Some to-dos—say, planning a trip to West Virginia (see previous page)—require talking to someone—say, my husband, whom I also need to talk to about water filters, bed times and about a hundred other things. Finding time to meet with him becomes a larger, rolling mental dust bunny that overshadows the drifting mental lint that I would like to discuss, some of which I forget...because I have so much mental lint in the first place.
"Rather than visiting the same person seven times a day," says Stack. "Make a list and visit that person once a day." This doesn't just go for family. It works equally well with co-workers and friends.
Another piece of mental lint: sponging down my counters. I could be on my way to defuse a nuclear bomb, and, rushing out the door and into the president's helicopter, I will have the thought, "Dirty counters!"
"The first thing to realize," says Laura Vanderkam, author of 168 Hours: You Have More Time Than You Think, "is that you don't have to do something. You have to eat and sleep, and you have to make sure your kids do the same, but beyond that, most things in life are choices. And so it may help to keep asking, 'Why am I doing this?' Maybe there's a good reason, and then you can remind yourself that it's important, but maybe there isn't." And if it's not getting you closer to the life you want, it's off the list.
Focus on Your Core Competencies
Vanderkam believes that most people have what she calls "core competencies"—the things that we do best and that other people can't do for us. Usually, these fall into three categories: nurturing careers, nurturing our family and close friends, and nurturing ourselves. For example, only you can focus on your long-term career development; only you can play with your kids or build a relationship with your spouse; only you can sleep or exercise (unfortunately). And as for everything else that doesn't fit into those categories? Ignore, minimize or outsource.
So if I go through my mental lint, this is most important: finding out if the back problem is due to falling off the counter (nurturing myself), taking the kids to members' night at the museum (nurturing my children) and talking to my husband about vacationing in West Virginia (nurturing my spouse). Not geraniums, which I could still put in the window boxes...or could just forget about since it is July and people who really love gardening—as opposed to people who feel obligated to do it—plant flowers in the spring.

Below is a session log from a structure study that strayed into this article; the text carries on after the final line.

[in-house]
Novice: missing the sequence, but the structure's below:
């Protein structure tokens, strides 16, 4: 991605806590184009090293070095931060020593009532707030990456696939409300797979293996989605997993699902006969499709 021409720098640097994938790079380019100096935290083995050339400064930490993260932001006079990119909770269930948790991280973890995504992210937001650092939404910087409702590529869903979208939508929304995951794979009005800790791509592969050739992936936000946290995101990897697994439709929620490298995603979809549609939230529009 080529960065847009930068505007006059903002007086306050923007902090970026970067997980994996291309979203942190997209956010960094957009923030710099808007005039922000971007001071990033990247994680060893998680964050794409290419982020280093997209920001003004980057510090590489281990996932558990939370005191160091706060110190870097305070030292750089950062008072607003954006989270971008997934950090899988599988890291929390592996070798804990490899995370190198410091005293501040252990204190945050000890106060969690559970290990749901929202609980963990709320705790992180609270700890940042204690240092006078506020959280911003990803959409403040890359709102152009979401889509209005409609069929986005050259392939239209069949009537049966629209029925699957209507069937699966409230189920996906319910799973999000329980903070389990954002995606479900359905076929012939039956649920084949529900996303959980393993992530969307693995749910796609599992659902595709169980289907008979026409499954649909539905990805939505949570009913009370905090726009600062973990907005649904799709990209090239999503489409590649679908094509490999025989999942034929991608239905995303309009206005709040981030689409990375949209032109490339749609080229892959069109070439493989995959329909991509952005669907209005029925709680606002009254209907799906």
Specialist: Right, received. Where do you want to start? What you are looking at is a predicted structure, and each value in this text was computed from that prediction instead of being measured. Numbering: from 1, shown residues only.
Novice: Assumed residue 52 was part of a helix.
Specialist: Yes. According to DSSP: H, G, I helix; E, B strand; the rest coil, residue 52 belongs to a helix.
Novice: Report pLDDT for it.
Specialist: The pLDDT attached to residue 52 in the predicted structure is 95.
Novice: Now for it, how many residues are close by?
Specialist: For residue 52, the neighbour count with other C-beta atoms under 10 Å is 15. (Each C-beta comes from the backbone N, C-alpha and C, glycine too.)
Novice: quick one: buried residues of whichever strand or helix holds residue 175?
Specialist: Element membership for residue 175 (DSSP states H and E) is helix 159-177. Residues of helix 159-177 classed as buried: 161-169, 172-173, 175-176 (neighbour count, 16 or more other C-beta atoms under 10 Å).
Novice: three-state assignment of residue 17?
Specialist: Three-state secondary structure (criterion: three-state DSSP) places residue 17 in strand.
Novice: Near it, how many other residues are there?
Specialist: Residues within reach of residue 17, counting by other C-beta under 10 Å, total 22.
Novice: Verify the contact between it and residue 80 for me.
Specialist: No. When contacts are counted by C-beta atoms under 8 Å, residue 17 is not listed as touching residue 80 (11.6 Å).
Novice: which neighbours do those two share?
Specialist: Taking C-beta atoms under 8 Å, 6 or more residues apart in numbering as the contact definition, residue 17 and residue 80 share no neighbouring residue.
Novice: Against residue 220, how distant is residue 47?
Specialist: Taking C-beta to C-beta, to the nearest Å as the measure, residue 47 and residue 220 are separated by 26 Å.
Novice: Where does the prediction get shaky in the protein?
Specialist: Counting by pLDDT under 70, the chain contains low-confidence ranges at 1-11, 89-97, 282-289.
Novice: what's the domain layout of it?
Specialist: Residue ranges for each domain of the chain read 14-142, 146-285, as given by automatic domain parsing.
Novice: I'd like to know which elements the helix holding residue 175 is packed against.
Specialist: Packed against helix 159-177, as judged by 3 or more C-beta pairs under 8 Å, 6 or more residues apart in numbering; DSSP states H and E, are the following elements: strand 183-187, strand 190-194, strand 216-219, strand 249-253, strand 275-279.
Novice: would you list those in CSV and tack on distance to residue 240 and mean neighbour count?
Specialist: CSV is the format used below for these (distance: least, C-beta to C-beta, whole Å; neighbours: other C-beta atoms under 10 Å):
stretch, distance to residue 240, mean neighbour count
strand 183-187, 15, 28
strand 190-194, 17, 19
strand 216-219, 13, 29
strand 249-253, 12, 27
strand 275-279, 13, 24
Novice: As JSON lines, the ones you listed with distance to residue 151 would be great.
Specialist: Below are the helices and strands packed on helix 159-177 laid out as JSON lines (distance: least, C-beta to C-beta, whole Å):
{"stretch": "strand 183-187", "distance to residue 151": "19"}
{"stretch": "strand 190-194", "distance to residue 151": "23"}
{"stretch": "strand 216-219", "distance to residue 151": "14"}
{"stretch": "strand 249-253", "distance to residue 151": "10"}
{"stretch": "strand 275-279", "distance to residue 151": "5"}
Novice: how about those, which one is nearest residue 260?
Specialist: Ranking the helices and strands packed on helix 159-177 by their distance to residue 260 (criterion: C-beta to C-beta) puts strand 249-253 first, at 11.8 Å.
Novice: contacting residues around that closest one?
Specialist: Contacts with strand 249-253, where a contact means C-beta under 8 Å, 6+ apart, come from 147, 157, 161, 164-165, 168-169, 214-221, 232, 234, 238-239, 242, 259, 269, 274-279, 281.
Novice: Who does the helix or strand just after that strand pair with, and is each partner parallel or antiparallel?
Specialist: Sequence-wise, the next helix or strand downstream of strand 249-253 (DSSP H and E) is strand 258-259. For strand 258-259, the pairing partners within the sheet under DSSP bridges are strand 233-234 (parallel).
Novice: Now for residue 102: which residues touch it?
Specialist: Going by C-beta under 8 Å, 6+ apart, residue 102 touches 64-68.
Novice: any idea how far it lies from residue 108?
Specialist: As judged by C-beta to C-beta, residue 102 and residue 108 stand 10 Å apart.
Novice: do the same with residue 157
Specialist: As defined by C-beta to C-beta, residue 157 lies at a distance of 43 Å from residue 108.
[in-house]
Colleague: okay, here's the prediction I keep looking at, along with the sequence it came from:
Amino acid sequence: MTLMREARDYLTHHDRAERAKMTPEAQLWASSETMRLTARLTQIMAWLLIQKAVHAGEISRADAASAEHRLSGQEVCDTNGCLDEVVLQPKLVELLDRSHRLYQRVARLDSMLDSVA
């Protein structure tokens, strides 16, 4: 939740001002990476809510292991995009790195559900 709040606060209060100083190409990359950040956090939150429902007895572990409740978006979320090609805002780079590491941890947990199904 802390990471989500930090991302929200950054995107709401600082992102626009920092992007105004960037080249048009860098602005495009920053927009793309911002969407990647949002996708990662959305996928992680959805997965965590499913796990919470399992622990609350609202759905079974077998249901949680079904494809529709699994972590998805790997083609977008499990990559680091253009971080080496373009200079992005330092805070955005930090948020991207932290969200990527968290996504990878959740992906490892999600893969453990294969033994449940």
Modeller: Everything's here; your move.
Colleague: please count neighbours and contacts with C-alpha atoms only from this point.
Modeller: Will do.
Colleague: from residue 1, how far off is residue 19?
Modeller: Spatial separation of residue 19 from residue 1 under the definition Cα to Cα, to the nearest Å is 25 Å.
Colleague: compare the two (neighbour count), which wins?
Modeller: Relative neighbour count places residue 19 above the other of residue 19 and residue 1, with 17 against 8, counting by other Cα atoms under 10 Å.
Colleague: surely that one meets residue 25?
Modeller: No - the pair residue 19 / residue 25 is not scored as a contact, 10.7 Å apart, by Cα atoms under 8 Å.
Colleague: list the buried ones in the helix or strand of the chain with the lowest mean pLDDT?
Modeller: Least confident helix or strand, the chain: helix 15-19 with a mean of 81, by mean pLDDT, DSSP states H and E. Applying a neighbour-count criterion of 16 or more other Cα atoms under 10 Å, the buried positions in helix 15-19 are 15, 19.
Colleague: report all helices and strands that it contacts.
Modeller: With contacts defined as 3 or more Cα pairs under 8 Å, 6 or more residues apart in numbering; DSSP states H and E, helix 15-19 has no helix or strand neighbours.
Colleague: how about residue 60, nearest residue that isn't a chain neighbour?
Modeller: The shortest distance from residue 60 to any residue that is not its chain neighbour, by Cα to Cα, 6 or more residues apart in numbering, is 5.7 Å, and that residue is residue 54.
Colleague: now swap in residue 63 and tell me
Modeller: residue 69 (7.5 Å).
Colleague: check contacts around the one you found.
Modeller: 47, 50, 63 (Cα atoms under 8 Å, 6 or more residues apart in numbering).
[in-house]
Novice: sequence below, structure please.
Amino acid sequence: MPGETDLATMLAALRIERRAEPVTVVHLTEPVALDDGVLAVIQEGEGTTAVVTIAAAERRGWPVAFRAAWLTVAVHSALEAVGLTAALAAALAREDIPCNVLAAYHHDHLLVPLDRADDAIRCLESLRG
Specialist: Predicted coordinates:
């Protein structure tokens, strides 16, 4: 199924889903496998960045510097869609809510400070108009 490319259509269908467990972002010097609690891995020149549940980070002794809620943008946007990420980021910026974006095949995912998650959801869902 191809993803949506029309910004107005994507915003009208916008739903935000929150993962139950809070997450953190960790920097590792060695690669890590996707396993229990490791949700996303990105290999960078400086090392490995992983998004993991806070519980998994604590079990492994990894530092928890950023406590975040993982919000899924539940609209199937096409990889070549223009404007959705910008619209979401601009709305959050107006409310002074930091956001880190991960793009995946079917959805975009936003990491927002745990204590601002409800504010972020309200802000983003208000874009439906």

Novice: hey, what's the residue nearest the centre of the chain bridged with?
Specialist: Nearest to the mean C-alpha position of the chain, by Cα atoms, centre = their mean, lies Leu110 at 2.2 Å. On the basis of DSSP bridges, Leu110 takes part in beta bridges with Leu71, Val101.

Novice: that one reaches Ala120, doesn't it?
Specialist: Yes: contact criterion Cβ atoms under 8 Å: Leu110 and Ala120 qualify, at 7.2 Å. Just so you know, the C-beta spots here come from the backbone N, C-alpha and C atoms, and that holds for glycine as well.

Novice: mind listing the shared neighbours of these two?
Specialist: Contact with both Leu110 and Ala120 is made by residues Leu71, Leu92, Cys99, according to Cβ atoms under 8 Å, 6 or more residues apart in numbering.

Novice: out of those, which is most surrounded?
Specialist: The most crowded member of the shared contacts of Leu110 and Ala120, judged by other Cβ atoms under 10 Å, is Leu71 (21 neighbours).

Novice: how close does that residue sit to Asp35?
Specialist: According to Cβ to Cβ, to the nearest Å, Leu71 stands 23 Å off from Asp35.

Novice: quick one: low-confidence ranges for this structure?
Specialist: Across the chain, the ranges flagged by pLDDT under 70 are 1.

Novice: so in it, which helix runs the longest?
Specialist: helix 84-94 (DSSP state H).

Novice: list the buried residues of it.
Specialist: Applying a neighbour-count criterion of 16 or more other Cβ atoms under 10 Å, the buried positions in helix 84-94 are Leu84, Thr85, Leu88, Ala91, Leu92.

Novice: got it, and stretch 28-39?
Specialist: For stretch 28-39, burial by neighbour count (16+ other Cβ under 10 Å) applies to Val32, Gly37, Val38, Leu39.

End the Multitasking Trap
"Constantly multitasking can be mentally depleting," says David Strayer, professor at the University of Utah and expert on the relationship between productivity and technology. "Mental lint comes from the fatigue from constantly switching from one activity to another to another without focusing on one task."
In other words, choose to do one thing at a time. Buy the nonskid bath mat at Ikea. Do not stroke a glow-in-the-dark moon lamp you don't need or wonder if you will really use cool elderberry syrup. Do not try to pay your phone bill while lost in Aisle 59. Buy the nonskid bath mat.
Limit Your Gadget Exposure
Strayer, who organizes studies on how the heavy use of digital devices and technology affects us, is also concerned about digital overload on the brain. In one of his studies, he gave a group of subjects a creativity test that measures, as he says, "how well you can see new associations and links between things you're looking at." Then he took the group on a trip in the wilderness without electronic gadgets for three days. After the trip, the subjects took the same creativity test to get reassessed. "We had about a 45-percent increase in scores," he says, "which is pretty substantial." A week later, he retested them, and the scores went back down.
"Check email" appears in my mental lint—a couple of times, in fact. If I established regularly scheduled times to check my email every day (say, 10 a.m., 2 p.m. and 7 p.m.), I would not only not have the nonessential thought, I would not have it twice.
When you go on vacation, he recommends leaving the phone at home or leaving it in a place where you can make an emergency call if you need to. Another everyday trick: Change your email settings so that, instead of scheduling delivery every minute or two, it does so just two or three times a day.
Silence the Blips and Beeps
One tuft of mental lint is actually not a thought—but a noise. Your refrigerator, for example, may beep when the door is open. You car may honk or talk. "Engineers know how our brains are wired," says Strayer. "A lot of these things—phones ringing, the buzz of texts coming in—they capture your attention." To avoid getting distracted by devices that are engineered specifically to take us away from what we're doing, we need to set everything to silence—including, every once in a while, please, ladies and gentleman, ourselves.
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